Exit pages show the last page a visitor viewed on your site. This may mean they found what they wanted and left, or they didn't find what they wanted and left. It's a good idea to evaluate Exit Pages to see if you can improve your site and make it more valuable to your visitors.

Operating Systems / Browsers

Usually, these numbers mean more to your web developer than they do to you, but here's why you should pay attention:

Each unique operating system (like Windows or Mac or Linux) AND each browser (like Google Chrome, Firefox, or Internet Explorer) may display your page differently. When we build web pages, we always do our best to follow current web standards --- but not all of the web browsers follow the standards. Internet Explorer is notorious for simply ignoring web standards. What this means in the real world is that your web pages may look different in Chrome on Windows than they do in Chrome on a Mac. And your site may look different on Chrome than it does on Firefox, which may both be different from Internet Explorer.

So what does this mean for you, the web site owner? It means that your web developer may need to develop a version of your site for each browser, for each operating system, and/or each combination of those items. Obviously, this could get to be pretty expensive -- do you want your web developer to test and accommodate your site on every browser/operating system combination out there?  By knowing which browsers and which operating systems are viewing your site the most, you can prioritize which system/browsers need to be targeted as pages are added to your site. For example, I'm looking at our site stats as I type this, and I see that the Opera browser was used in 0.2% of the visits to cyberscribeweb.com in the past month -- so it's probably not worth spending a lot of time testing and tweaking the site code to ensure it displays perfectly in Opera. But it IS worth spending time ensuring our site displays propery in Chrome (39%), Firefox (26%), and (arg) Internet Explorer (19%).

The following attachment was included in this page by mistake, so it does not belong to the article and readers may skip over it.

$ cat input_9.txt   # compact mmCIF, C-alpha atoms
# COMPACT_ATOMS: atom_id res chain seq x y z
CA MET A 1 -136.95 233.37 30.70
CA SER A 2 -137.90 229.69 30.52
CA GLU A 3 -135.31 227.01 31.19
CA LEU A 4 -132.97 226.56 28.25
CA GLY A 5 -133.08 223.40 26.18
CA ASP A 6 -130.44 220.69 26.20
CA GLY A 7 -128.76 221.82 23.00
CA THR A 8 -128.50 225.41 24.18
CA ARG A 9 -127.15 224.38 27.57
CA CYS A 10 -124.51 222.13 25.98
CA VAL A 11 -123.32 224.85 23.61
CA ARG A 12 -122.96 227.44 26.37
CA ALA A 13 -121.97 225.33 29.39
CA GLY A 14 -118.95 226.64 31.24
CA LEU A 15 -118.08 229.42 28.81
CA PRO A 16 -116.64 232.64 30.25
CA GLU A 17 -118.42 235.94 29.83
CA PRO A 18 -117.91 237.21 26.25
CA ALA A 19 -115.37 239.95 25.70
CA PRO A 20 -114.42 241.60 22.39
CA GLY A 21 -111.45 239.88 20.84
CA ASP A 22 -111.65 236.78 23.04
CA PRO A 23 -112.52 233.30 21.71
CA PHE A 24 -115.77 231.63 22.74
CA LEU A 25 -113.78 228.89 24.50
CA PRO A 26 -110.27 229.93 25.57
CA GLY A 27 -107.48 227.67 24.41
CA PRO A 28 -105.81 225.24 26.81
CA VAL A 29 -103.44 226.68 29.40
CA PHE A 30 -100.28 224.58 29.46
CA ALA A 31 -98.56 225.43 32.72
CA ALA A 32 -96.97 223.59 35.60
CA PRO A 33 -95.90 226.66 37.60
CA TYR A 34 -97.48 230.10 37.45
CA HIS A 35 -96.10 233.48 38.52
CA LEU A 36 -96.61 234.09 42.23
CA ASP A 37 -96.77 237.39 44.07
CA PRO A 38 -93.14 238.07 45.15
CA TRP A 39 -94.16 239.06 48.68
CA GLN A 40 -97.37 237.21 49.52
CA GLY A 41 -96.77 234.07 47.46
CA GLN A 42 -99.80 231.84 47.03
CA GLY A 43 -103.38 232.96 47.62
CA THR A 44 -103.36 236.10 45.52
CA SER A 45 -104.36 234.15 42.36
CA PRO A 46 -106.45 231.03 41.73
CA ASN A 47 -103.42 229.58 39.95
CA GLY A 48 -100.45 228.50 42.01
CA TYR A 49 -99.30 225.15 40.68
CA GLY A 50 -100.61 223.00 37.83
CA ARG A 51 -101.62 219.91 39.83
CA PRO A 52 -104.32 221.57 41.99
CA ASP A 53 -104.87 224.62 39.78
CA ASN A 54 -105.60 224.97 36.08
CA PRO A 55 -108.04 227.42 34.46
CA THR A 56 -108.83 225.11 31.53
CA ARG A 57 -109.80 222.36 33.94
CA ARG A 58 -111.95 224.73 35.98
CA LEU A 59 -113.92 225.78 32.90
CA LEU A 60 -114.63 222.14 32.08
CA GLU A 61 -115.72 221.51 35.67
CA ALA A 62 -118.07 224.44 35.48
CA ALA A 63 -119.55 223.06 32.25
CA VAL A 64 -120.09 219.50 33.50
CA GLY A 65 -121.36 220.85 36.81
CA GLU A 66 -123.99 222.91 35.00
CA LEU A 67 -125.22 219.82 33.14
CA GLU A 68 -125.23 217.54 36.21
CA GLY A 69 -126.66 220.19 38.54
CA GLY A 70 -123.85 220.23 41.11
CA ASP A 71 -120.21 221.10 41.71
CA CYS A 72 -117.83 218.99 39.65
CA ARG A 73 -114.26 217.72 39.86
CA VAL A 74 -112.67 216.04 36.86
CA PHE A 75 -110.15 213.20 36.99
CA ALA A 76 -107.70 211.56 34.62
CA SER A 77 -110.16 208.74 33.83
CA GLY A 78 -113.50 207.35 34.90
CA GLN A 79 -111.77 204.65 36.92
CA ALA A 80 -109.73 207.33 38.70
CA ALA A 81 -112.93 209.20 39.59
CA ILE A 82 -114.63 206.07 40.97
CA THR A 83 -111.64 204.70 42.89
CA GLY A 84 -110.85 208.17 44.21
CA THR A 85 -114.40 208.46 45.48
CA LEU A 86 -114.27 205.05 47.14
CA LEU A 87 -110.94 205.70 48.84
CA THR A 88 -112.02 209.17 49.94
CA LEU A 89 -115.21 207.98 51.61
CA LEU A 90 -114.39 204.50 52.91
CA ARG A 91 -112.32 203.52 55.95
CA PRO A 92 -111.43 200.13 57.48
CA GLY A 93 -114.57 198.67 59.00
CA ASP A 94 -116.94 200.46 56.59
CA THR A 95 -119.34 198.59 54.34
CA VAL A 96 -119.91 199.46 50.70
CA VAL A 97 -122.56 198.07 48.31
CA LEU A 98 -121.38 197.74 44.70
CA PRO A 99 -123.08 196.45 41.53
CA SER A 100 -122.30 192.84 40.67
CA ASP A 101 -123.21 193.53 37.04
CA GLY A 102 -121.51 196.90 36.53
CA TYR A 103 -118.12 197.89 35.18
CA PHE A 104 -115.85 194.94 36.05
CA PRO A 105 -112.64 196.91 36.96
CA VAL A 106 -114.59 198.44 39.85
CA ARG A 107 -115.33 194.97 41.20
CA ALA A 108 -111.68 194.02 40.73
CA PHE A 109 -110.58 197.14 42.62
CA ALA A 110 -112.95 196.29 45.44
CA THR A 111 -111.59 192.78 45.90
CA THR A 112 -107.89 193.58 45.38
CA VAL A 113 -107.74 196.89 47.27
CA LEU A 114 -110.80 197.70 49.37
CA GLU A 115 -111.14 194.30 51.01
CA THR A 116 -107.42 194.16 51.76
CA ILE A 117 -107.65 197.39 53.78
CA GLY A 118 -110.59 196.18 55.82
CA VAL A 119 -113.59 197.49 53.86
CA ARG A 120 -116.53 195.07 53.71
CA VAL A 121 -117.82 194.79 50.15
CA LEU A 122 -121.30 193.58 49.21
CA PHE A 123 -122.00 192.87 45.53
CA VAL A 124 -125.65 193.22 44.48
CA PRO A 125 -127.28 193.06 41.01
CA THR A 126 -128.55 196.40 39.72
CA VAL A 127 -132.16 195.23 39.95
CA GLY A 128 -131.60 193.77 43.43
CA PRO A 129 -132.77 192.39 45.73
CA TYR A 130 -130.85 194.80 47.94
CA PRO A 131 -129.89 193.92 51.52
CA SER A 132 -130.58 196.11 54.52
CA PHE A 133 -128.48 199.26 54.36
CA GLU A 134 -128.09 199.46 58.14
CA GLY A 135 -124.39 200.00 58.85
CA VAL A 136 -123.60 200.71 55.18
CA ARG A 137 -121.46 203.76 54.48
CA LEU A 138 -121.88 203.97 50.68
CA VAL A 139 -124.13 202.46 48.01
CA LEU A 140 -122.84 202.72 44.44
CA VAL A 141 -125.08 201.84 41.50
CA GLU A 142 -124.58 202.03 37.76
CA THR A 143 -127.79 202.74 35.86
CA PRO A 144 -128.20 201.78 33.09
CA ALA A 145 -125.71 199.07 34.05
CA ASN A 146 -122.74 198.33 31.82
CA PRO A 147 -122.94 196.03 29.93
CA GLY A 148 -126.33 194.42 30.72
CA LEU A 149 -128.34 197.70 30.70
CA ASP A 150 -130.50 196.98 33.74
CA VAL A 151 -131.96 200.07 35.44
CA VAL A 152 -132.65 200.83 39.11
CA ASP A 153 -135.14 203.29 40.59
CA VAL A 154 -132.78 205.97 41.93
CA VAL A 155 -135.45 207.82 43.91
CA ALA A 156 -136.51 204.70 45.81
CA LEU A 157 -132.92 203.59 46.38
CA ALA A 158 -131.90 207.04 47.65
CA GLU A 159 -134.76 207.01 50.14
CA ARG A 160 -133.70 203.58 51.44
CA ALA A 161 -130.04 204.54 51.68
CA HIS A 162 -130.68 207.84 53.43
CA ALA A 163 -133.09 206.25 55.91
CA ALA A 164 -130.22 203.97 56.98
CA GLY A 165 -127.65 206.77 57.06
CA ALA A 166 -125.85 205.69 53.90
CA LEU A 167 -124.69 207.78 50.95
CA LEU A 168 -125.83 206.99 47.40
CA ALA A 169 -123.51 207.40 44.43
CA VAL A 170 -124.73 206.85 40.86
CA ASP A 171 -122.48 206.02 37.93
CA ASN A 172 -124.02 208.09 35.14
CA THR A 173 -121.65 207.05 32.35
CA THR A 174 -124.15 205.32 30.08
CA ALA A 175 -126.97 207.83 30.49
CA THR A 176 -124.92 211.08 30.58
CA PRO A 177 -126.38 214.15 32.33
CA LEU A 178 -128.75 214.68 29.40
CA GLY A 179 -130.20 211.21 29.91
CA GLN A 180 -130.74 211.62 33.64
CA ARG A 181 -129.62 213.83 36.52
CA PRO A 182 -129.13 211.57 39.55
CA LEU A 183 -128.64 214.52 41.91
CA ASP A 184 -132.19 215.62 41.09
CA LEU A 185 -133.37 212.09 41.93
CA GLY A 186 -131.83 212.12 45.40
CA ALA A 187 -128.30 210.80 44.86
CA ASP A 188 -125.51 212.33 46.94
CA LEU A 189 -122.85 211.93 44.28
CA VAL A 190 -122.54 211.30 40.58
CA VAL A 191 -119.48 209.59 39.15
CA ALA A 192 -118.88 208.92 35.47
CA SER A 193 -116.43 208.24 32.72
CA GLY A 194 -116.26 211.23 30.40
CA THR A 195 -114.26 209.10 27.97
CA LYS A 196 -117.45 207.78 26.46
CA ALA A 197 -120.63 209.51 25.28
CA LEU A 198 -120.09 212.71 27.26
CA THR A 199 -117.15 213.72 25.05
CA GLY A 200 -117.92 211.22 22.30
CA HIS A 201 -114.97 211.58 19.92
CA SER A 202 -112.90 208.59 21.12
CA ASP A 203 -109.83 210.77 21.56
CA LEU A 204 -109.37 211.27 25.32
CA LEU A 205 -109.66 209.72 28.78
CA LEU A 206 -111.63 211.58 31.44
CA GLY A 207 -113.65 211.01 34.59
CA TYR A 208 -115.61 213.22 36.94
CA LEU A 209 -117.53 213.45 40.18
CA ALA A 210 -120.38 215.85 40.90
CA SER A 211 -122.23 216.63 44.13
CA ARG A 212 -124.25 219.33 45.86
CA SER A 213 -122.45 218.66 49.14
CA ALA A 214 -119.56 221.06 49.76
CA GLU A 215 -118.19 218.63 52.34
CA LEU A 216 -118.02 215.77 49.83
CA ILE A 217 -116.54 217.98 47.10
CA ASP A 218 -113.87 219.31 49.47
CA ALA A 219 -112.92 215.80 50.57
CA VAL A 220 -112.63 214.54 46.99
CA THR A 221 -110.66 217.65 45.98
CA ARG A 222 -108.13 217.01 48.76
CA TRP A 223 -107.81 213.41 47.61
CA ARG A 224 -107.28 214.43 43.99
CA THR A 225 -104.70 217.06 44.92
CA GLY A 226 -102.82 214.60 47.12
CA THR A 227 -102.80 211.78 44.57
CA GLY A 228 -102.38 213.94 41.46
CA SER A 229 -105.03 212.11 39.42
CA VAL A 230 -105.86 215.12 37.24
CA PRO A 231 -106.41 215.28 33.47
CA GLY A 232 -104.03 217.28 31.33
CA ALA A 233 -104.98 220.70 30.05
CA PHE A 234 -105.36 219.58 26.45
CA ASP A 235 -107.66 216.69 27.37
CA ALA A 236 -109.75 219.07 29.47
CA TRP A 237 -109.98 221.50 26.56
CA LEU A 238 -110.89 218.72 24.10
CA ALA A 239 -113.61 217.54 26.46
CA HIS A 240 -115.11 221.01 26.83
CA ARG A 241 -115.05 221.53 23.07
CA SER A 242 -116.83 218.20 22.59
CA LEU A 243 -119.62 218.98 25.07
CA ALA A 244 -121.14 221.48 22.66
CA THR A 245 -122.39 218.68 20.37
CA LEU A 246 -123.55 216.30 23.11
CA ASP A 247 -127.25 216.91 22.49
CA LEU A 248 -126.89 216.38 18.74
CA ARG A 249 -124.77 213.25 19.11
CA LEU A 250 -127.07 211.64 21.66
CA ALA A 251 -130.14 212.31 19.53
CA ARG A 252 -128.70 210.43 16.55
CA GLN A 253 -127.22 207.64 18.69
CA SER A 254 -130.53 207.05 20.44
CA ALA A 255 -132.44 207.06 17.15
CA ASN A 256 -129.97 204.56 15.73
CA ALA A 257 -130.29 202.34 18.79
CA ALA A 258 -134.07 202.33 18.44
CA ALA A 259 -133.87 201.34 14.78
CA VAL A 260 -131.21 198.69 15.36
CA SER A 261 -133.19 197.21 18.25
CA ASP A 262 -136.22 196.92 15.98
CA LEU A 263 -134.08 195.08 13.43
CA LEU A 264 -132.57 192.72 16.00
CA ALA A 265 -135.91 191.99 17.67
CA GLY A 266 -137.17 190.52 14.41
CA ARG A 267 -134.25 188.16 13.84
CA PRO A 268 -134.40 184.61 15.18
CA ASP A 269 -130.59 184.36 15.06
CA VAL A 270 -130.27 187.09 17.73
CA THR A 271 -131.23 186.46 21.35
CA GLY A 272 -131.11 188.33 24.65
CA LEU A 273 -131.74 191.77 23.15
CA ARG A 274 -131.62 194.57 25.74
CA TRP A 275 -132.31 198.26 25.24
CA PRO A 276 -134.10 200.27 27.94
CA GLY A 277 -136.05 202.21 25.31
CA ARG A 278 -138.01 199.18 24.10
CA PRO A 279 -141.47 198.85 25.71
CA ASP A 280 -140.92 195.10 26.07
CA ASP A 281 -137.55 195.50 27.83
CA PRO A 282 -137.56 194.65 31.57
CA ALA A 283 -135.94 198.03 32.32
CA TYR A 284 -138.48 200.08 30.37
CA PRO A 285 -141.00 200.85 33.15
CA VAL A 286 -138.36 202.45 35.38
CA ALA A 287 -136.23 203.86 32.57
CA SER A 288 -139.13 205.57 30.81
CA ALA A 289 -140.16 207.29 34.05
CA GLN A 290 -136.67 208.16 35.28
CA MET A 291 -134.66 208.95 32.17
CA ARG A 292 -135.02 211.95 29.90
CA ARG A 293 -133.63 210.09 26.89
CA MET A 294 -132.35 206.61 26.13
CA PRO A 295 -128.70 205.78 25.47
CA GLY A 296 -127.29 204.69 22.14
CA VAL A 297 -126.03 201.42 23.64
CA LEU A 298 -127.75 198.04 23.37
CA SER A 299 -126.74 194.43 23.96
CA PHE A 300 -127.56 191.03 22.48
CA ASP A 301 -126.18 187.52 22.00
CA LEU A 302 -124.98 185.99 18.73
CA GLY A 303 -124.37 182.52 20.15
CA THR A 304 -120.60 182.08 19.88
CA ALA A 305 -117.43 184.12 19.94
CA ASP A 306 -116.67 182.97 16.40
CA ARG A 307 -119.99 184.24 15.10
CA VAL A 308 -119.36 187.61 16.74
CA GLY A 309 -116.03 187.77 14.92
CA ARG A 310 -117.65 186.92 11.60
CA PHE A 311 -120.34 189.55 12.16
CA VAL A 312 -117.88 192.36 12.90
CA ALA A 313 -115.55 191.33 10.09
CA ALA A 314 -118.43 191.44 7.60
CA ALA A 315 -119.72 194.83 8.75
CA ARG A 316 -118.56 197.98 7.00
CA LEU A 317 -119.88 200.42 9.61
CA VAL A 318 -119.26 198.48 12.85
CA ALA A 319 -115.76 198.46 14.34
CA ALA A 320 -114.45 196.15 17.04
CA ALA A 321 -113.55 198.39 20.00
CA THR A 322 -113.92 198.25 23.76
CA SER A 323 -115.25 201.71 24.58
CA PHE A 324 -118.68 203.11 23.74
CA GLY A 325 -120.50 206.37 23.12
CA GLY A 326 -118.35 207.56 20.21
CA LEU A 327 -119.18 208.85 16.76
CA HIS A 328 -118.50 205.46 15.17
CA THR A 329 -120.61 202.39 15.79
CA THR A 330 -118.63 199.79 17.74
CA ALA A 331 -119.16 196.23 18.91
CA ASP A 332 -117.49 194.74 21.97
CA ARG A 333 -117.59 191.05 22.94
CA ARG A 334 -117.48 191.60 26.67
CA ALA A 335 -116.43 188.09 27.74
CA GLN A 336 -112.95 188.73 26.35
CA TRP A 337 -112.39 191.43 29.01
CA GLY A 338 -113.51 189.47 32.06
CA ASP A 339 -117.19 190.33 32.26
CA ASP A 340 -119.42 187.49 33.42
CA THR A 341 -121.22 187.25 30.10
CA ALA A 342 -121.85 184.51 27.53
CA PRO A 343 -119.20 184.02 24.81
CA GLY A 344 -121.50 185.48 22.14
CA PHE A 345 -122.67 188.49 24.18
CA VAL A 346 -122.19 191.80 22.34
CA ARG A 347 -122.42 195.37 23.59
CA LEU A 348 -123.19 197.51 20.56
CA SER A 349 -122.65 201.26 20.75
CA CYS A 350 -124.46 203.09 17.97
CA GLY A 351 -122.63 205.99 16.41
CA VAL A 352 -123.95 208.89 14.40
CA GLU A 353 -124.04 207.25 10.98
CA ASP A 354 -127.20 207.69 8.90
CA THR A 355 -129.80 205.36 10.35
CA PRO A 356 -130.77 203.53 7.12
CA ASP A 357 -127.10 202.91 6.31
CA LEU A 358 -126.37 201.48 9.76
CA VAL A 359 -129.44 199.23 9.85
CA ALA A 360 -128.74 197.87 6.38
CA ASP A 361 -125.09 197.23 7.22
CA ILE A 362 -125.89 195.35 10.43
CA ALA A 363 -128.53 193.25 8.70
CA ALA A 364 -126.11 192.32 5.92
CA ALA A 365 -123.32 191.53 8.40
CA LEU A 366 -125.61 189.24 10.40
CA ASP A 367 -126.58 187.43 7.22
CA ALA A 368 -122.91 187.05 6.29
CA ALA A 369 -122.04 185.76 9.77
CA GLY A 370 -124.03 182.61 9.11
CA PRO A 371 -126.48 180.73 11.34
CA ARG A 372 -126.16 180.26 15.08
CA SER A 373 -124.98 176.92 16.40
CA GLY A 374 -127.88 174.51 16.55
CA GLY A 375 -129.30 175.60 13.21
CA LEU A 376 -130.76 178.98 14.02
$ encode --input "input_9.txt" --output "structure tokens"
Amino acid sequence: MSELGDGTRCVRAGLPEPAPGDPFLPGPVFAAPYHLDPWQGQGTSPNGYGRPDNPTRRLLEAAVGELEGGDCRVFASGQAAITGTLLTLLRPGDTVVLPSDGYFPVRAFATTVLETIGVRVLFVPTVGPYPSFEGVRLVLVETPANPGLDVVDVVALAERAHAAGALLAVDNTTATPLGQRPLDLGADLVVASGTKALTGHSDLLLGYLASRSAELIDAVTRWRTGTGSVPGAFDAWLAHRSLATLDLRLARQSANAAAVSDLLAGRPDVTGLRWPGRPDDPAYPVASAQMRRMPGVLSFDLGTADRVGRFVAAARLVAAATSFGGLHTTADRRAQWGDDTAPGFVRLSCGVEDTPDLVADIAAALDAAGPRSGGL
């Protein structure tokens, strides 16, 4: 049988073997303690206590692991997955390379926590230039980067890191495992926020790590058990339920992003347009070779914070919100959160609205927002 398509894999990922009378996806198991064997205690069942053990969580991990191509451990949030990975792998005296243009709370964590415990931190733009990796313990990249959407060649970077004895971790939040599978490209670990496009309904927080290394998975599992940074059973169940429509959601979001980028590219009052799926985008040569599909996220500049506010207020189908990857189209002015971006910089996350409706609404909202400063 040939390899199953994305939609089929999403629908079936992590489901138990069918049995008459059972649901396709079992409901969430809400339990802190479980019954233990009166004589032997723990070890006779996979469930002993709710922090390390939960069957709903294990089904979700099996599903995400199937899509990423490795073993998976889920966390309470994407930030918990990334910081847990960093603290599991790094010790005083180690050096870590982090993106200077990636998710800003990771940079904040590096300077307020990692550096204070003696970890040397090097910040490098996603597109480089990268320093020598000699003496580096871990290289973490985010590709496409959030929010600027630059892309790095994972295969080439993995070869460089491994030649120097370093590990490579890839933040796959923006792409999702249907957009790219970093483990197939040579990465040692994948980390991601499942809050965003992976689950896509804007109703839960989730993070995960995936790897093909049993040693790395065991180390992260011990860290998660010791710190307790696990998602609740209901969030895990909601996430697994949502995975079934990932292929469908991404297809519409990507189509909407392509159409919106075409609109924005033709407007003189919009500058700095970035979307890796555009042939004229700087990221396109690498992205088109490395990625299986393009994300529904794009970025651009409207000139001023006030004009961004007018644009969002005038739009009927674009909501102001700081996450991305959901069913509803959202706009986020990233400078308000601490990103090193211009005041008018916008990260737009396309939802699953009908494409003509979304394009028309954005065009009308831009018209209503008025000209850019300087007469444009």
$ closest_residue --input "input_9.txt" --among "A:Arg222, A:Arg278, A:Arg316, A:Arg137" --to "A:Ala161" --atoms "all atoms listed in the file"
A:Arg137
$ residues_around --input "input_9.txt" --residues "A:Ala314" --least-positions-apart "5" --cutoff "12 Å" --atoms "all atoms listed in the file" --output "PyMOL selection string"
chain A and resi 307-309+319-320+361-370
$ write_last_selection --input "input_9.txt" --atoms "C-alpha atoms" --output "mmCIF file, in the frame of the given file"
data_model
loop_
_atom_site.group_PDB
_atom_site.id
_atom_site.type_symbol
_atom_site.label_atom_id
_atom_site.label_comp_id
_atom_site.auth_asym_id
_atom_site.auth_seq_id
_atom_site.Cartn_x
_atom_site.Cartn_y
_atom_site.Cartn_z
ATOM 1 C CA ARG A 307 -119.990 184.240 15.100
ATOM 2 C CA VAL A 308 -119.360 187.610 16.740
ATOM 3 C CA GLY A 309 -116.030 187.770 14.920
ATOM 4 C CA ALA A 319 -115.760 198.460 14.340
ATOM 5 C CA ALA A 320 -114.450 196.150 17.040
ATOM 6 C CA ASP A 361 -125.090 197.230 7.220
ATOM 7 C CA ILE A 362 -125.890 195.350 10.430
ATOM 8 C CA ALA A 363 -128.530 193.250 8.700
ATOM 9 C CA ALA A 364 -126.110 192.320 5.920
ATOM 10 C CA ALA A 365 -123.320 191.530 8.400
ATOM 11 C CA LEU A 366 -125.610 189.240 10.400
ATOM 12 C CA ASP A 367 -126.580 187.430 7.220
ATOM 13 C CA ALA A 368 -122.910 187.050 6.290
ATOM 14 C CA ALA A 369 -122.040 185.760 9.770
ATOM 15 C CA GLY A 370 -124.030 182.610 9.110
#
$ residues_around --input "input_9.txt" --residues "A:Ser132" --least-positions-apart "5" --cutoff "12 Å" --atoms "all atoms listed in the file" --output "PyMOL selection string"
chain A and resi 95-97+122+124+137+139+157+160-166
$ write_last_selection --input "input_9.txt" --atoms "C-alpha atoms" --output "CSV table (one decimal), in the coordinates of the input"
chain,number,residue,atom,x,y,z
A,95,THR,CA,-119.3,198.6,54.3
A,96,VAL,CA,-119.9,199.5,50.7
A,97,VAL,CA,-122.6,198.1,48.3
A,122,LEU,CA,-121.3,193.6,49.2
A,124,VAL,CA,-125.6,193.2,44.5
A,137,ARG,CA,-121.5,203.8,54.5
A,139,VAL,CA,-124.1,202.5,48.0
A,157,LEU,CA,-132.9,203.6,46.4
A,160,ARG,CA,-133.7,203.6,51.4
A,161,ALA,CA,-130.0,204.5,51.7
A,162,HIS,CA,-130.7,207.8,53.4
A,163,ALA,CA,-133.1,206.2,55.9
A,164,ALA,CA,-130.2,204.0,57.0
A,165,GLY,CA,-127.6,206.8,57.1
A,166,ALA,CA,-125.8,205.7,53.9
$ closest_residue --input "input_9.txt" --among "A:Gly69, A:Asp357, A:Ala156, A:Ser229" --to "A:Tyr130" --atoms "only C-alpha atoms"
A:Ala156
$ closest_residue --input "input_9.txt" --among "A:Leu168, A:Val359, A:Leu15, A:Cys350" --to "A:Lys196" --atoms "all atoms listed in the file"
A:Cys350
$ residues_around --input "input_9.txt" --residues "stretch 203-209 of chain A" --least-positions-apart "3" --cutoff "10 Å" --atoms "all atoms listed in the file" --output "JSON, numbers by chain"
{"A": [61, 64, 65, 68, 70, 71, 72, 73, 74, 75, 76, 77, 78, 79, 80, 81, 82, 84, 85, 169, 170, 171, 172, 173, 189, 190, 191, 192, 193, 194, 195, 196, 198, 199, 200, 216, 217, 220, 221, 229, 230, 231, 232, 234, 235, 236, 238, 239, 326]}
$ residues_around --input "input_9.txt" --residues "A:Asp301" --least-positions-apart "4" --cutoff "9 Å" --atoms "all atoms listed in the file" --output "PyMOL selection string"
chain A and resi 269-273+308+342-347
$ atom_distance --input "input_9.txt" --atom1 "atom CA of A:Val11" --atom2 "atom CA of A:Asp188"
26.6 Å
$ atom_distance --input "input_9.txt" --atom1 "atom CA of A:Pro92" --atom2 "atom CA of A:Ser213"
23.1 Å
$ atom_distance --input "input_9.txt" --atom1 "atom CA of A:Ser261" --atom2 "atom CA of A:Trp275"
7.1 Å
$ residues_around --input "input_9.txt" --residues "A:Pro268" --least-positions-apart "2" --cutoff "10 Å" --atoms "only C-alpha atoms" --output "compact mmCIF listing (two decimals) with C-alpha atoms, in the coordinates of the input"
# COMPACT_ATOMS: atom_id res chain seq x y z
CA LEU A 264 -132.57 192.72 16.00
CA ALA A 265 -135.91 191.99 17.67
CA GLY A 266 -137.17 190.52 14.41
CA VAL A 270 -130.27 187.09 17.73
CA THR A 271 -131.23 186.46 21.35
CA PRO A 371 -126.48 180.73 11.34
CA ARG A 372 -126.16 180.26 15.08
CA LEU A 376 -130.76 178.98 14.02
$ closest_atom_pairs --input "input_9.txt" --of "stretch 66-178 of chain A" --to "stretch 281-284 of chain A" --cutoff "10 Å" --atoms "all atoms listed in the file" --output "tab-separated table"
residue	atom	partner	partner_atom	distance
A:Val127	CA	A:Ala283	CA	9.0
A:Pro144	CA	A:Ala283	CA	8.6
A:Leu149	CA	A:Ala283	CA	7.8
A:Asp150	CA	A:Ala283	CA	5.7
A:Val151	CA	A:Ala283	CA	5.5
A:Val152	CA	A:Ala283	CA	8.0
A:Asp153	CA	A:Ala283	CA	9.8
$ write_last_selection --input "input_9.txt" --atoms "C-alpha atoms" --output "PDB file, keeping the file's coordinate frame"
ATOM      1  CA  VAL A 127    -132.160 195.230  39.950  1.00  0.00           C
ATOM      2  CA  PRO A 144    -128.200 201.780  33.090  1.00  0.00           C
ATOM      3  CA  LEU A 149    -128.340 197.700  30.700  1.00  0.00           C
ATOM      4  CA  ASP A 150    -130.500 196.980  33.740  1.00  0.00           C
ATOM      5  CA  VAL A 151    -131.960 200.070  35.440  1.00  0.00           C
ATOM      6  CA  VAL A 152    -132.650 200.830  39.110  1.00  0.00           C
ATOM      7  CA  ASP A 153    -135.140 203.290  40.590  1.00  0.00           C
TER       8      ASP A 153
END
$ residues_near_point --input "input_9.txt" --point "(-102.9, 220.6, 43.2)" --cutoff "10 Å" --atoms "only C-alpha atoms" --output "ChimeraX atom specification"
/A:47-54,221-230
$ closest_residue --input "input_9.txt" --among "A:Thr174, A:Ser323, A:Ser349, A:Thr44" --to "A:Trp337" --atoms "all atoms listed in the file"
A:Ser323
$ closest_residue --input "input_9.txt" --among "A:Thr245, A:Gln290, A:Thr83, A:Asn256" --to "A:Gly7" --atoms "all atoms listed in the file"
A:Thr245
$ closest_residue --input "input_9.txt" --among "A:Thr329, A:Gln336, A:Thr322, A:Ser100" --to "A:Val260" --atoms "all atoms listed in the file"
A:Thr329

Connect to site from

This list shows how people got to your page, which they came from Google or directly from a link on another site. A word of warning -- don't go clicking on every link to see what each site is -- some of those might be sites of, um, questionable character. Those sites are "referral spam" -- sites that are trying to build their own rankings by referring visitors to other sites (usually falsely), or they may be trying to get you to click and see why in the world clickthistogetavirusdotcom is linking to your site. If you know a site is valid, by all means visit the referring page to see how they are linking to your site. This may be a way to build relationship or even catch bad publicity early in some cases.

Search Keyphrases

Search Keyphrases tell you what search phrases drove visitors to your web site. You can use this list to determine how well your pages are optimized for certain phrases, and maybe even figure out what phrases you need to concentrate on. For example, we recently moved of offices to beautiful downtown Mebane, NC and we're starting to concentrate on providing more web site to Alamance County. I'm not seeing any search phrases like "mebane web design" or "web designers alamance county", so I know we need to put emphasis on these phrases as we refine the content on our site. 

Finally...

The most important thing you can do to understand your web site statistics is to look at them...often. Designate at least one day each month to review your site statistics (it will only take a few minutes, and you'll enjoy it!). You will learn more about how people are using your site, what it's doing well, and where it needs to be improved. You can learn which marketing efforts are paying off, and which are falling short. Most importantly, you'll start to think of ways to actually use your site as an important marketing tool rather than just an online brochure. Now go check those stats!